2. Wow Dr. Ellington, this put me in tears. You are a dedicated parent & know that your child will be thankful one day. After reading this I just sent my parents the longest text message ever thanking them for being like Christian’s mom. They sacrificed so much in their careers to watch my sporting events throughout my junior high and high school career. It is a thankless task at the time but one day your child will come to the realization that it means so much. I am in tears writing this because it was something that I hadn’t ever given much thought to. Your writing is compelling and really hit an emotional spot in my heart. Thanks for sharing.

    • I so love that you texted your parents after reading this to thank them for attending your events! I was talking to a college track athlete this week about the demands on parents spectating at track events and he said he should probably call his mom and thank her for coming to those events. Yes! I said. Call her RIGHT NOW! Your mom DEFINITELY wants you to call her! LOL. I really appreciate your comment, Brittany. Lovely to hear from the athlete’s perspective.

  3. I love the line, “But at the same time, what better shows confidence and trust in your parents than taking them for granted?” It is so true! Your being there, even if it is taken for granted today, will matter in the long run.

  4. I had to smile when I read this – my kids always pretended not to notice me at the sidelines of this or that r=event at the time, but they remember it now. They notice.

  5. I’m sure your son appreciates your presence! You seem to be a very caring, thoughtful parent – with a sense of balance about everything you have to do. Your son is lucky.

  6. I think he will, but because of what you’re wishing, you may have to take it for granted too, right? That’s parenthood. And it’s just fine I think. But I’ll give you a gold star, Elisabeth, because it is a big deal when parents show up. I just had student/parent/teacher conferences, & there were a few “parents” (one of the couple) who didn’t come, & I know that they should have because my students would have loved the parents to hear all the good celebrations we were doing. Also, I think your logic works with teaching in a similar way. I want my students to know I will be there too, & I don’t miss many ‘extra’ things.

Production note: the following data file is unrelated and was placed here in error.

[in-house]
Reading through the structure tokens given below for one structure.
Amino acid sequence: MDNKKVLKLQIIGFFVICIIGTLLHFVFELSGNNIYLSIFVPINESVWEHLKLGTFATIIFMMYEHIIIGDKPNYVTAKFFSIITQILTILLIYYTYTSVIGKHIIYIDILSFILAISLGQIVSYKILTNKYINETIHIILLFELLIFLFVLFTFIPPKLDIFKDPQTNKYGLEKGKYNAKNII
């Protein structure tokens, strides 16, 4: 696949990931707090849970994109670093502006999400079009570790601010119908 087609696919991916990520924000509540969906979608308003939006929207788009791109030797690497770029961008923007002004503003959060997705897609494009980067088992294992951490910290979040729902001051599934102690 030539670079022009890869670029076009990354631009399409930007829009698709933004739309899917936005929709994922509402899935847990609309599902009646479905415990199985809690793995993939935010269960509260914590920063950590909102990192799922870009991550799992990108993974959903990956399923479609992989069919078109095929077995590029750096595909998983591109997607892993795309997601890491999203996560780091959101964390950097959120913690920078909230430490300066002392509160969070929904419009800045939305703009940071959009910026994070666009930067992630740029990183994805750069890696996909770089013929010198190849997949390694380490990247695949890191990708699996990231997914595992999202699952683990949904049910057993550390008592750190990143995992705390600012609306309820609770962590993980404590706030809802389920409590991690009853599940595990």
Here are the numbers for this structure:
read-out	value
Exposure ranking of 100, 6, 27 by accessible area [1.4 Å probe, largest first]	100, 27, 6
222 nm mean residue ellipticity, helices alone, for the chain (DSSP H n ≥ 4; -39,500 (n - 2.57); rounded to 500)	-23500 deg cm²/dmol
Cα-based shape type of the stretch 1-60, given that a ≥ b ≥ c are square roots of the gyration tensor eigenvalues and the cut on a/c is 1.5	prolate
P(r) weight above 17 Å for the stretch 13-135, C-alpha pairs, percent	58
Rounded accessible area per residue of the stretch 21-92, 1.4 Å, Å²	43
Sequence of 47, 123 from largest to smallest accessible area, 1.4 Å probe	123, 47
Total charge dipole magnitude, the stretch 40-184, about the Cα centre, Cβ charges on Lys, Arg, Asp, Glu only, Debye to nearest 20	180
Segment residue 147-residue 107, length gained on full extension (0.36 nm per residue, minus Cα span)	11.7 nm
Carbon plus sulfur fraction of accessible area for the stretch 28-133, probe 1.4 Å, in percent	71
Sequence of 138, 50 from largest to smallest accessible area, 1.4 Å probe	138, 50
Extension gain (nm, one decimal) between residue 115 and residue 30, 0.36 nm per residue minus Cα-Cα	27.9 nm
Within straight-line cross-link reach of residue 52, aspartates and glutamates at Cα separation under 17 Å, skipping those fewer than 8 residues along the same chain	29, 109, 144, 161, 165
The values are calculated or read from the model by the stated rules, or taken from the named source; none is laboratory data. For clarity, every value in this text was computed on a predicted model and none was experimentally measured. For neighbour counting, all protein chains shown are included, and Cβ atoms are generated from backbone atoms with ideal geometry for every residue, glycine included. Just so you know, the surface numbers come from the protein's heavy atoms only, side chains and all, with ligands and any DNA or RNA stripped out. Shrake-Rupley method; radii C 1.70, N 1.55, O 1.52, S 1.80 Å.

7. Your presence means so much to your son. That support, even from the sidelines, touches his heart … and yours. I agree, it’s the right thing to do. Don’t be like Christian’s mom … be YOU!

  8. Elisabeth, I know you only from your writing and comments back and forth– but writing is so personal that it makes us feel as though we know some people better than we know people we see on a daily basis. One thing I’ve learned about you is that you are very generous with your time, resources, and patience. You are a mom who loves her son so much– and I’m sure he feels confident in that love– taking it for granted as you mentioned. Kudos to you, friend– I admire you!

  9. As a former high school athlete, I can tell you how much it means to look up in the stands and see my parents. I am sure your son feels the same way, even if he does not say it. I am sure it is not always easy for you to get away from work but it is worth it to be there for you son! Thank you for sharing!